On lower impairment charge on credit losses recorded in the period, Wigwe said there was a proper increase.
He stated that there were few write-backs to the tune of about N4.8 billion coming from some of the things we saw in the course of the quarter and as well as the other assets. That he also says helped to taper down or reduce the net impairment charge.
He was not done: “We also saw a 34% increase in our other operating income to N24.4 billion.
“The primary reason for this increase was largely as a result of the recoveries that we’re doing. So there were increased loan-loss recoveries to the tune of N13.9 billion.
“The net trading income basically comprises of our net gain or loss on investment securities as well as the net foreign exchange income.
“It dropped from N25.8 billion in 2018 to a loss of N14.8 billion in this half year, which basically show a reduction of about N40 billion.
“Total operating expenses increased by 25% to N123.3 billion from N98.2 billion in the corresponding period of last year and showed a 24% quarter-on-quarter increase.
“The simple reason is coming from the full impact of the expanded franchise, branches and staff, et cetera.
“But we anticipate that this will trend downwards in the second half of the year as we begin to see the major synergies kick in.
“Loans and advances to customers stood at N2.6 trillion at the half year of 2019, up by 32% from N1.9 trillion in 2018.
“This comes largely from the merger. Of course, if you took Access Bank on a stand-alone, the growth in the period was not significant at all.
“The group’s asset quality improved during the period following the short-term deterioration in March as a result of the assets acquired”, Wigwe enumerated.
NPL ratio trended down towards to 6.4% with significant improvements from 10% as of March 2019.
The reduction was achieved through a combination of write-offs, recoveries, reclassification and loan restructuring.
“Basically, we’ve had to pursue this loan book with a lot of vigor. There have been significant recoveries that were restructured which are showing improvements and all of that, and there’s also been significant write-off of some of the loans that have been fully provided”, the management stated.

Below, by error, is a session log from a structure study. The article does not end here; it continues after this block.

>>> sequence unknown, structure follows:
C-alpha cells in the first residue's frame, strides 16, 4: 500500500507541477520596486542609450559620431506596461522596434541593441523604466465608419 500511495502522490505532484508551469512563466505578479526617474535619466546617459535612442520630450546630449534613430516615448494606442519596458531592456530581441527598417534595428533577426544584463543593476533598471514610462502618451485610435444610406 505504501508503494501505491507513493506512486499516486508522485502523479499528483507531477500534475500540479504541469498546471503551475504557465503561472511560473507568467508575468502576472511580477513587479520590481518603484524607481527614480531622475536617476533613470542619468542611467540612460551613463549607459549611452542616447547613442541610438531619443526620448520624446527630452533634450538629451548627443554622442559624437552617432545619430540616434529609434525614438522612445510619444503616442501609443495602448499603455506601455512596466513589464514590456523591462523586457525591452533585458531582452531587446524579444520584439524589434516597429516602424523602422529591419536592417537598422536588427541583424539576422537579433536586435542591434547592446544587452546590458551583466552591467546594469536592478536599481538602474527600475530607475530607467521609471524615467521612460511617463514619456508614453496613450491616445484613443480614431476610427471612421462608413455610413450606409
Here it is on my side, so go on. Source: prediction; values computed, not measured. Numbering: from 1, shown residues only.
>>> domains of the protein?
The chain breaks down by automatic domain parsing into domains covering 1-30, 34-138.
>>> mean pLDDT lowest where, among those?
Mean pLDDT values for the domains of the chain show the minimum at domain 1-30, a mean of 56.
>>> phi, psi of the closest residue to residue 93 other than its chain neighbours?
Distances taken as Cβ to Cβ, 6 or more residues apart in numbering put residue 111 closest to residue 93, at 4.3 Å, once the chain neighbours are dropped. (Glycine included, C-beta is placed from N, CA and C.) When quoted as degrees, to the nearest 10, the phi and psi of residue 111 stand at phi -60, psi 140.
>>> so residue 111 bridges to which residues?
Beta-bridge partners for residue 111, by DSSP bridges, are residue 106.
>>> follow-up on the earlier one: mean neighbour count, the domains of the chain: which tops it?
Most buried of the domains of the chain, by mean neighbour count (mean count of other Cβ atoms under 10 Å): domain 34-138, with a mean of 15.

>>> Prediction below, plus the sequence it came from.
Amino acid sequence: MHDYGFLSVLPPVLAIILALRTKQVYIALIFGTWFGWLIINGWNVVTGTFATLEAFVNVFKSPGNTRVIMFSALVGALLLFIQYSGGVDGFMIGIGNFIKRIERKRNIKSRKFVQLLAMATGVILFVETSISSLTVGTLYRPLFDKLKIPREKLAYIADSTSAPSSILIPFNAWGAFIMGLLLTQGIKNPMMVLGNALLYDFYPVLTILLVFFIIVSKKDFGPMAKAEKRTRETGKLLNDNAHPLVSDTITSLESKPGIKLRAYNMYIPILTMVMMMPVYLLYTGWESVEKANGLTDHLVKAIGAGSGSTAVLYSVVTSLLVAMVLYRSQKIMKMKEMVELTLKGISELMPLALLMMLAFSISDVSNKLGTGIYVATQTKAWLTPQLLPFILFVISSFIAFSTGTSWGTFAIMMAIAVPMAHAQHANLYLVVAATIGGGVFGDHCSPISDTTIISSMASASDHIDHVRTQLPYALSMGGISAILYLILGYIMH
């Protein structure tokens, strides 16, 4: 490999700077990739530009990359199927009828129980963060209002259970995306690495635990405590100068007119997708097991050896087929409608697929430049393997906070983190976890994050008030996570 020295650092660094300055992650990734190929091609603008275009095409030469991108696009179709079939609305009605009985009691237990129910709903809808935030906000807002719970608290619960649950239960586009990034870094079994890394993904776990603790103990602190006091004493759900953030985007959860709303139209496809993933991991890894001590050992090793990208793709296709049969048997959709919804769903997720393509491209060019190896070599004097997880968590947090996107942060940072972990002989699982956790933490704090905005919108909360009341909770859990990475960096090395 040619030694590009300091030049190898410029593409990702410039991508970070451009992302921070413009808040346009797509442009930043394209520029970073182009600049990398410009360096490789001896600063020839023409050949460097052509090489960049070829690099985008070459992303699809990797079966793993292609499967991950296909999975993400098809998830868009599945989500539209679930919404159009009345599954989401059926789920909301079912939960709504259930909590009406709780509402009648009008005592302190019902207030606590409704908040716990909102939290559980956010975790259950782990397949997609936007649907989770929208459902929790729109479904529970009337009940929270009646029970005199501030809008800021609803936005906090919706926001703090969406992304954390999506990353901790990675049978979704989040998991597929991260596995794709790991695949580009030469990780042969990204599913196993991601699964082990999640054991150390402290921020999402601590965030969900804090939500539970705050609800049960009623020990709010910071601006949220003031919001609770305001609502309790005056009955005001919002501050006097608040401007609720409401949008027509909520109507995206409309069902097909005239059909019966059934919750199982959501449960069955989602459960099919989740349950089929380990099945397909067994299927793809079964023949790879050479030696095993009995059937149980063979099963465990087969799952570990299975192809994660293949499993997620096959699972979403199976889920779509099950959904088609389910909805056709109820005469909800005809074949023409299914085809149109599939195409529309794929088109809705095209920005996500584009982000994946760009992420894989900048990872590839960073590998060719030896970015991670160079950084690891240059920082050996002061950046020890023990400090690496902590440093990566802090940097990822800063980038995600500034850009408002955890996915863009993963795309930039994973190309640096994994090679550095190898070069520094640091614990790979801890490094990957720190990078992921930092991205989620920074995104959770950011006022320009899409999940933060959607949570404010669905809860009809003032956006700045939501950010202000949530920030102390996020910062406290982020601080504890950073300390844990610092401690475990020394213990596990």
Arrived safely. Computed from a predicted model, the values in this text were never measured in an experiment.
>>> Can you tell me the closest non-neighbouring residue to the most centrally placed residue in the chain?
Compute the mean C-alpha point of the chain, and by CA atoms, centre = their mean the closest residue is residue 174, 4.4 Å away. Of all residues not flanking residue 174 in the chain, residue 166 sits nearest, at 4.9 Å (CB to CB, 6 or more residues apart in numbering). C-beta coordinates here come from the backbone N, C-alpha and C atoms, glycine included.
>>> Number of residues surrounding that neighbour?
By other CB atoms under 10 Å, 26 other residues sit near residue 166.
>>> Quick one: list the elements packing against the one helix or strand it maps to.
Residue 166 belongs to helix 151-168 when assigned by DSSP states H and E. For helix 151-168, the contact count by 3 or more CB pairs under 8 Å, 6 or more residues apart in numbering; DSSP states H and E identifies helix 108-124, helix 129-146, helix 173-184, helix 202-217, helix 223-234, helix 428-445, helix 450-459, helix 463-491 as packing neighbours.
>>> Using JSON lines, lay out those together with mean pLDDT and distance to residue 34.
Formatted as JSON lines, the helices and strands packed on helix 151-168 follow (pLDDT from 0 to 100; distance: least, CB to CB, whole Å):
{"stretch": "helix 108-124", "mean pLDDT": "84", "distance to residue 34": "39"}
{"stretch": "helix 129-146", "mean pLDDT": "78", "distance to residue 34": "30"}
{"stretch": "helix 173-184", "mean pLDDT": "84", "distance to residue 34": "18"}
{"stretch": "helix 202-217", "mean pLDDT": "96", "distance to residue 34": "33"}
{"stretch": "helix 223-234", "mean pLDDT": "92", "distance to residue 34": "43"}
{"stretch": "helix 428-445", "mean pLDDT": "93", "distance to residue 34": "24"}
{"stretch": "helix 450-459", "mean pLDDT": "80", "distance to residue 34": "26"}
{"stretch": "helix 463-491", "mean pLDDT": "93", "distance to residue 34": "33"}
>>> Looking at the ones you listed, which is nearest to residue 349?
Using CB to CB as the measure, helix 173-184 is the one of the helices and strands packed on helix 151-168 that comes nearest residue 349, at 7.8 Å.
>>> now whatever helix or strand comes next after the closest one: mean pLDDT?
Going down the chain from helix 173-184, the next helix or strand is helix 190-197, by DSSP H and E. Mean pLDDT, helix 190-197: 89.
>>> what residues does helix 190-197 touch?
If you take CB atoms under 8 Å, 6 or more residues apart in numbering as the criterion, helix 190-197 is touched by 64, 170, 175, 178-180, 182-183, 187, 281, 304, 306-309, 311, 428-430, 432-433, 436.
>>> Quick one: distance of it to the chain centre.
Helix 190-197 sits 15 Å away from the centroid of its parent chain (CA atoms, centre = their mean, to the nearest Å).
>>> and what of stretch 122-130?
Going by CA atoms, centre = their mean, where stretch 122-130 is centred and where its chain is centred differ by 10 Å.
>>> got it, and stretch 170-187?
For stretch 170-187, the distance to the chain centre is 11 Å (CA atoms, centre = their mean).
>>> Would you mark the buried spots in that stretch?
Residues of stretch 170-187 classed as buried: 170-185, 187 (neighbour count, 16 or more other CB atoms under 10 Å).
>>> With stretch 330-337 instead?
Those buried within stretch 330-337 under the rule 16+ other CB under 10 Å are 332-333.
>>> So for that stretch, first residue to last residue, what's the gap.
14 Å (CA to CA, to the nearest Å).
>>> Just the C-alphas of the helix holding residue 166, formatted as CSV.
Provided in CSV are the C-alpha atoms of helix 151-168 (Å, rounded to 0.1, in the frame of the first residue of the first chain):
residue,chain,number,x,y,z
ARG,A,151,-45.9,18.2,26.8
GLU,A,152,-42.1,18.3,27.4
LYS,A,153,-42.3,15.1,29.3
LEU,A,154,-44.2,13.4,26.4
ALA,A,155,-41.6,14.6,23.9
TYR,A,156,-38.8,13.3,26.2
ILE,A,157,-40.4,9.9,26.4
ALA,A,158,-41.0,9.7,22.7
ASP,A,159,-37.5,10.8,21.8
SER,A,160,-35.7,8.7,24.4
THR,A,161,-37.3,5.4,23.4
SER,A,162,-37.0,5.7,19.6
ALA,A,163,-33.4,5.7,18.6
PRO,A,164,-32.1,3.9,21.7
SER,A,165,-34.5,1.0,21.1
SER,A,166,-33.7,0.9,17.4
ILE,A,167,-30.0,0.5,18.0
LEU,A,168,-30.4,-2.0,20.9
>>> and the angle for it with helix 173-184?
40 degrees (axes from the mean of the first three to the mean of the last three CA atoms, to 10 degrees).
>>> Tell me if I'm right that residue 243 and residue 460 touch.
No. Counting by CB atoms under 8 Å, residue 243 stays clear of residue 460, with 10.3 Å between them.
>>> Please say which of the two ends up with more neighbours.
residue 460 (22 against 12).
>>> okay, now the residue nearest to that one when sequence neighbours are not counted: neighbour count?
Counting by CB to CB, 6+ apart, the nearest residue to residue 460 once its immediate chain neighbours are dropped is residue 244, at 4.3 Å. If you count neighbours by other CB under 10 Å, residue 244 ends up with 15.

Kumapayi said: “Our expected credit loss charge on loans stood at N9.7 billion in the half year, which is really 42% higher than the corresponding period in the previous year.
“This was on the account of the bank’s risk assets coming from the combination. However, the cost of risk also showed a slight increase to 0.7% in the half year compared to 0.6% in the corresponding period of last year”.
Customer deposits closed at N4.18 trillion, which is a 63% increase from the year ended 2018 when it was N2.56 trillion.
The bank’s capital adequacy stood at 21.5%, which is a 70 basis points increase from the half year in terms of the corresponding period last year. Liquidity ratio was well in the excess of the regulatory minimum at 50.3%.
Also, retail contribution to total income stood at 42% or N64 billion, compared to 18% in the corresponding period last year, which came at N46 billion, with fees of about N12.1 billion compared to N6.3 billion in the corresponding period last year.
Additionally, the deposit mix in the period has improved from N766 billion in December 2018 to N1.9 trillion, with local deposits accounting for 55% of the total.
This improvements show the strength derived from the synergies of the merger as well as the intensified efforts to acquire local deposits, Wigwe said.
Speaking on Access bank’s digital platform, Wigwe said: Today, we are disbursing on the average N200 million to 4,600 different customers through the click of a button.
“We’ve set for ourselves a target of about N400 million daily to at least 20,000 customers, and we’re on the course to achieving this.
“This basically generates very low NPLs, and it’s properly priced because a lot of it goes to customers who have the accelerated accounts with us.
“The value capture potential of this product is significant, and it’s going to lead to significant diversification in terms of our loan portfolio“, he added.
The leader of the management team also said, “on cost of risk on asset quality, cost of risk, the guidance we gave at the beginning of the year was 1.5%. It was going to be less than 1.5%.
“Though we’ve done a lot better than that, right now, we think that at the end of the year, it should not exceed 1.2%.
“The simple reason is that we’re still being extremely careful with respect to what we provide as guidance because of our newly inherited loan book, which was still material.
“We think our NPL ratio, which is currently at about 6.3%, may be maintained but will remain well within the guidance which we have given at the end of the year of 10%. So we will fall within the guidance.
“The whole idea is to be very careful given the nature of the loan book that we’ve inherited and which we are nurturing. Now our traditional NPL ratios have been at 2.5%”, the management stated.
“We believe that as we move into the second half of the year, we should be able to build on that number to ensure that we continue to remain very profitable in spite of the fact that we just concluded a merger”, Wigwe concluded.
Clearly some sure-faced assurance from a sure-footed industry player. And we wait.